7 Exercises To Help Ease Tennis Elbow Pain

Tennis elbow isn't very common. According the Cleveland Clinic, only 1-3% of American adults experience the condition. However, if you're among that population, you know that tennis elbow can be a real pain — literally — and it can make it difficult to work and enjoy your favorite activities. Although tennis elbow can improve on its own with no treatment, it can take a long time so patience is important. 

You can speed up the healing and find pain relief with medication and other medical treatments, but you can also do simple strengthening and stretching exercises on your own. Not only will this help to speed recovery, but it will also improve the strength and flexibility in your arm which can help prevent future recurring bouts of tennis elbow. However, before you get started, check in with your doctor to make sure it's tennis elbow you're dealing with, and get the green light to engage in an exercise therapy program. 

Causes and symptoms

Tennis elbow, medically known as lateral epicondylitis, is an overuse injury caused by too much force on the tendons that connect muscle to bone (via the Cleveland Clinic). This leads to inflammation, degeneration, and potential tendon tears. While it's common among tennis players who grip their racquets too hard, it can affect anyone who frequently engages in repetitive, vigorous motions involving the forearms. This includes professional and recreational athletes such as baseball and softball players, bowlers, golfers, and squash, pickleball, and racquetball players. It can also affect assembly line workers and mechanics, dentists, butchers and chefs, gardeners, landscapers, painters, cleaners, plumbers, musicians, and manicurists. It's most common in people ages 30 to 50. 

Typically, tennis elbow occurs in one arm, on your dominant side. However, it is possible to experience it in both arms, depending on the type of activity you do. The main symptom of tennis elbow is pain that extends from the outside of your elbow to the inside of your forearm and wrist (via the Mayo Clinic). The pain is typically worse when you perform actions such as gripping something or shaking hands, turning a doorknob, or holding a coffee cup. In addition to pain, tennis elbow can cause muscle weakness and fatigue. 

Treatment for tennis elbow

In many cases, tennis elbow will resolve on its own. But according to the Cleveland Clinic, it could take as long as 18 months. That's a long time to wait for pain relief. Luckily there are several non-surgical, minimally invasive procedures that can help relieve pain and speed recovery. 

Rest is the first line of treatment. Discontinue all activities that aggravate your symptoms for several weeks to enable the tendons to heal. If your work requires use of your affected arm, then this wont be possible. However, you can try to adjust your movements so the injury is less bothersome, or transfer some responsibilities to your non-affected hand. You can also wear a brace to provide more support and stabilize your arm, which can help prevent further irritation.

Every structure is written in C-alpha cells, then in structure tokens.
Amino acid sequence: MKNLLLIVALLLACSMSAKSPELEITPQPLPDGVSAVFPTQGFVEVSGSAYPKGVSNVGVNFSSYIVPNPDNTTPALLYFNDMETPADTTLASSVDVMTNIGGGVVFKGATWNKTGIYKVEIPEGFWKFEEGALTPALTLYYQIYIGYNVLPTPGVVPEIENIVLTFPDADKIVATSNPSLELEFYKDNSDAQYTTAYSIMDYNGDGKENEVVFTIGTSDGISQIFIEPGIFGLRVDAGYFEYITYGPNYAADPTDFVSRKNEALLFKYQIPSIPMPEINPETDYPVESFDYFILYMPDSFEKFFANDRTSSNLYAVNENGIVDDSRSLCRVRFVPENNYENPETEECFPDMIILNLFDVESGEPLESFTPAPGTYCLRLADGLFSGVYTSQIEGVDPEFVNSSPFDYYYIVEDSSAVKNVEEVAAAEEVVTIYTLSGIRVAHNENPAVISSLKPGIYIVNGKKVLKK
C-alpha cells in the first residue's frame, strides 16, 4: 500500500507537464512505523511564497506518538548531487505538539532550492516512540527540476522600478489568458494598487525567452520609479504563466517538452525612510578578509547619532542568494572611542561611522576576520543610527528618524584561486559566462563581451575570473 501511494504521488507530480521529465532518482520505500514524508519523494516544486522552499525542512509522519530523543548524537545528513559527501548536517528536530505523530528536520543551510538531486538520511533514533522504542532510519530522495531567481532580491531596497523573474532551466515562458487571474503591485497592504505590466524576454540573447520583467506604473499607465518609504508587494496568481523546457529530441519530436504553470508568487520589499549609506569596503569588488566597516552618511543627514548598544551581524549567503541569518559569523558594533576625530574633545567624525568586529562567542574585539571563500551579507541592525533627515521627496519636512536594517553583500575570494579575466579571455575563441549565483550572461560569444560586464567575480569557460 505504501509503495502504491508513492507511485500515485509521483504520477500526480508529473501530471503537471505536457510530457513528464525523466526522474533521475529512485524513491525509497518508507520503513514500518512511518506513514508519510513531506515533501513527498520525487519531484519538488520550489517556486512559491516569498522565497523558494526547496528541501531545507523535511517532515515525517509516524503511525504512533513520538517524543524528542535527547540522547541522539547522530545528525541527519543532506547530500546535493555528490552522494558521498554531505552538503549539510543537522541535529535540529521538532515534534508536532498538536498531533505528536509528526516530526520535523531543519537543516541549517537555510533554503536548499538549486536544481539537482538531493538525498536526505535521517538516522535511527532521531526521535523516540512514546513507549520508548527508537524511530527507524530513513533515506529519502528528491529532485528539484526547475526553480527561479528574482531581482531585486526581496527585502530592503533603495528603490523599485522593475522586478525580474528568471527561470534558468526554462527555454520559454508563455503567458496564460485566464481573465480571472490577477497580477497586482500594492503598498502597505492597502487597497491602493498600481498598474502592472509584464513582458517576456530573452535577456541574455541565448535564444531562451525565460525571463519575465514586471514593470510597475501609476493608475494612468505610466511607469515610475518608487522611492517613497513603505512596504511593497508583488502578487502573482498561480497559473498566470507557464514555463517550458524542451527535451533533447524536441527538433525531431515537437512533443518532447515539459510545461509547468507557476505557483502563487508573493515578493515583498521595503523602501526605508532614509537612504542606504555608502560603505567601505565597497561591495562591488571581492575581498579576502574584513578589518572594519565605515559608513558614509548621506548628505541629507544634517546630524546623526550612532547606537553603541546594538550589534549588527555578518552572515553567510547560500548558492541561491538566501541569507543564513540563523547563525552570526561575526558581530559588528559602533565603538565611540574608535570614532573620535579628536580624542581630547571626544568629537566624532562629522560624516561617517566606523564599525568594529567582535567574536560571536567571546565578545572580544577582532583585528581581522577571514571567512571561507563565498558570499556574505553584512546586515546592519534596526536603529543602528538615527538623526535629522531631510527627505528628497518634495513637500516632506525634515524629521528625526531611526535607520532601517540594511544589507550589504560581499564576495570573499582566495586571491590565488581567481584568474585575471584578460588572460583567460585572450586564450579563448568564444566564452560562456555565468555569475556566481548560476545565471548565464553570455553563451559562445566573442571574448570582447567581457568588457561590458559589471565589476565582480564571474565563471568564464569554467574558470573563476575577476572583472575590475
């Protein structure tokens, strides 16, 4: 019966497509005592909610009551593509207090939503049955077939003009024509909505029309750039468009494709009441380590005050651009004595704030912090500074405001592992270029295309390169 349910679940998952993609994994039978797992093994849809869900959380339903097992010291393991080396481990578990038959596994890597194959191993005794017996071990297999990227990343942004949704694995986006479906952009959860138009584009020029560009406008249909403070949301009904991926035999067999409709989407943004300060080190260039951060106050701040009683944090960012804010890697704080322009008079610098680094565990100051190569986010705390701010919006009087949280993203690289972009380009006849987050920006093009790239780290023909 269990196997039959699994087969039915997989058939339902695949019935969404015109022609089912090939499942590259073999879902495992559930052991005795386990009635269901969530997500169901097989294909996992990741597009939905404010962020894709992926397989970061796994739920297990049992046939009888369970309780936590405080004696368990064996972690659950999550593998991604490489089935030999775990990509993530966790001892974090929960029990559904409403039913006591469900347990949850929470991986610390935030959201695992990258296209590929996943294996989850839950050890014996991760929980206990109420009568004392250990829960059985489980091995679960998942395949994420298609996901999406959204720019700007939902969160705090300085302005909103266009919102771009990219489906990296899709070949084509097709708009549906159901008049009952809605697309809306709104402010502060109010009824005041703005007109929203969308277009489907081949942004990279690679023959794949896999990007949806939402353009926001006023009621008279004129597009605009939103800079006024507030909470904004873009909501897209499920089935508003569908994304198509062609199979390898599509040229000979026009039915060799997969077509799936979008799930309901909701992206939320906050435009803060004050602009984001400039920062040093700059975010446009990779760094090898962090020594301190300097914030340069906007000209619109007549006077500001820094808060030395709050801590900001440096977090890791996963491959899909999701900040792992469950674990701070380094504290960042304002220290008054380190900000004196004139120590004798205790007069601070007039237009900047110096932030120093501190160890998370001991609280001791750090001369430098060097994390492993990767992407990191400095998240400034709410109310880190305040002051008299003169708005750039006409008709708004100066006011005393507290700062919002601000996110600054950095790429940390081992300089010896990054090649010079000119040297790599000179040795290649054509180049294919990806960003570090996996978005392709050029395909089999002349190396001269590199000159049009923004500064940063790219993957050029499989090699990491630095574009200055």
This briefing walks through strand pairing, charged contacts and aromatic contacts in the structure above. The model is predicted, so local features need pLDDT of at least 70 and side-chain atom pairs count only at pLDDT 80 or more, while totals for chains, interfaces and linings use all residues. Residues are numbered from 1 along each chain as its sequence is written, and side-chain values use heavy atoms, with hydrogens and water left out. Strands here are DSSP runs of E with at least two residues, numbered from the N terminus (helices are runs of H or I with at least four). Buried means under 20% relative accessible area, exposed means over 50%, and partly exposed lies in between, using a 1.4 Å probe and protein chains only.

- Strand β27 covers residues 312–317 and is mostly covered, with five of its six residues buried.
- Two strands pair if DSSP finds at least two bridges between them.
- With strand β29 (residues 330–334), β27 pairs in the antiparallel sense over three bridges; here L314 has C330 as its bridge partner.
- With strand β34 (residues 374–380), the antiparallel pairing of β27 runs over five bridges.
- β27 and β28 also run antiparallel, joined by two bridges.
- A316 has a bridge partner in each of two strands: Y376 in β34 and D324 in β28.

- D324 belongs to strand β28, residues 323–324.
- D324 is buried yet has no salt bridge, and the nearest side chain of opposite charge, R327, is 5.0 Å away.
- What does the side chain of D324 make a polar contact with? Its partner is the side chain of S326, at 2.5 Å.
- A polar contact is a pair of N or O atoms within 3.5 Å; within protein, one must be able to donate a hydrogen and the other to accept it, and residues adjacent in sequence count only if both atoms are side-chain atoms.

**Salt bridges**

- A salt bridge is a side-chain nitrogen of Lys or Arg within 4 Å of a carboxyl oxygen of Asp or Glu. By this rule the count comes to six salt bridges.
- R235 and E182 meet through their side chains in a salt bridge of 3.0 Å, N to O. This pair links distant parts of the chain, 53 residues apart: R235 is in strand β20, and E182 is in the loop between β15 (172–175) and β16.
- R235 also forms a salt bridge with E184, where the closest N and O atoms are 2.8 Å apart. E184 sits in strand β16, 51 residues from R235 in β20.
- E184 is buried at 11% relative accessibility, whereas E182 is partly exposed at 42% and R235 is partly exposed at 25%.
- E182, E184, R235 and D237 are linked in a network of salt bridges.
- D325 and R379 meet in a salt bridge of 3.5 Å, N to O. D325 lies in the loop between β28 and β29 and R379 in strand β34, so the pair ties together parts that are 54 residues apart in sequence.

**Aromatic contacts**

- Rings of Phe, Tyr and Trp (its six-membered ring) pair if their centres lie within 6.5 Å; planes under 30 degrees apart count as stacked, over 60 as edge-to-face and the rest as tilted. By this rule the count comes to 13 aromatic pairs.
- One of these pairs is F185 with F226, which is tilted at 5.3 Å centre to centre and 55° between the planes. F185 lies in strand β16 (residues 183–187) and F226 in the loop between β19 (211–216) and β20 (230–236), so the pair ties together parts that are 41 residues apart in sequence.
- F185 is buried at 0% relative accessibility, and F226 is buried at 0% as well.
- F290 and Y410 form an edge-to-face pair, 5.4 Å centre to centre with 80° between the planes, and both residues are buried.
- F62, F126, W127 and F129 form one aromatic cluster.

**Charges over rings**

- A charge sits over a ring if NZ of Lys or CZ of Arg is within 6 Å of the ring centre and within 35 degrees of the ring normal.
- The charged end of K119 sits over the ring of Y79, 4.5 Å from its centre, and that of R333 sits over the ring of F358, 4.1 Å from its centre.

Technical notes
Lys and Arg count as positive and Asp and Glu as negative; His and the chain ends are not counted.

You can find relief with over-the-counter non-steroidal anti-inflammatory medications like ibuprofen. Corticosteroid injections can also provide temporary pain relief. Other therapies include platelet-rich plasma therapy (PRP), shock wave therapy, and tenotomy, which is a "minimally invasive procedure to remove degenerative tendon tissue from inside your tendon" (via the Mayo Clinic). Physical therapy can also be very effective at not only helping to relieve pain, but rehabilitating the tendon and strengthening the muscles of the forearm. 

It's important to note, however, that you should not start exercises in the acute injury phase. Physical therapy should follow a period of rest to allow inflammation to subside (via Healthline).

Flexor and extensor curls

Wrist extension and flexion exercises help to strengthen the muscles on the inside and outside of the forearm. Flexion and extension are opposing movements of the wrist. When you bring the back of your hand toward your outer forearm, that's extension; when you curl your palm down toward your inner forearm, that's flexion (via Research Gate).

You don't need any weight to begin doing these exercises. If you do them in a slow and controlled manner, you will feel your muscles work harder with each repetition. Once you can do this without pain with no weight, then you can use light dumbbells to add more resistance. 

Here's how to do it: Hold your arm straight out in front of you, palm facing down. You can also sit and rest your forearm on a table with your hand and wrist extended over the table edge. Keeping the fingers as straight as you can, extend the wrist bringing the back of your hand toward you. Go to the edge of your range of motion, hold for 10 seconds, then lower the hand back to the starting position. Repeat 10 times (via Great Western Hospitals).

Next, flex your wrist so it curls down and your fingers point toward the floor. Move slowly to the edge of your range of motion, pause for 10 seconds, then return to your starting position. Repeat 10 times. 

Wrist extensor and flexor stretch

Flexion and extension stretching exercises help increase flexibility in the forearm muscles and mobility in the wrist joint. Flexibility is the ability of a muscle to stretch and contract. Mobility is the ability of a joint to move through its natural range of motion (via Guthrie). Both are important to aid recovery and prevent further complications in musculoskeletal injuries like tennis elbow. 

Here's how to do it: Extend your arm out in front of you with your palm facing down. Bend your hand back toward you — extension — as you did in the strengthening exercise. Grasp your fingers with your other hand and begin to carefully pull them toward you as far as you can without pain. You'll feel a stretch along your inner arm. Hold for 15-30 seconds (via UVM Health). Next, flex your wrist so your fingers point down. With your other hand, gently bend the wrist farther until you feel a stretch along the outer forearm muscles. Hold for 15-30 seconds. Repeat the entire exercise two to four times. 

Biceps curls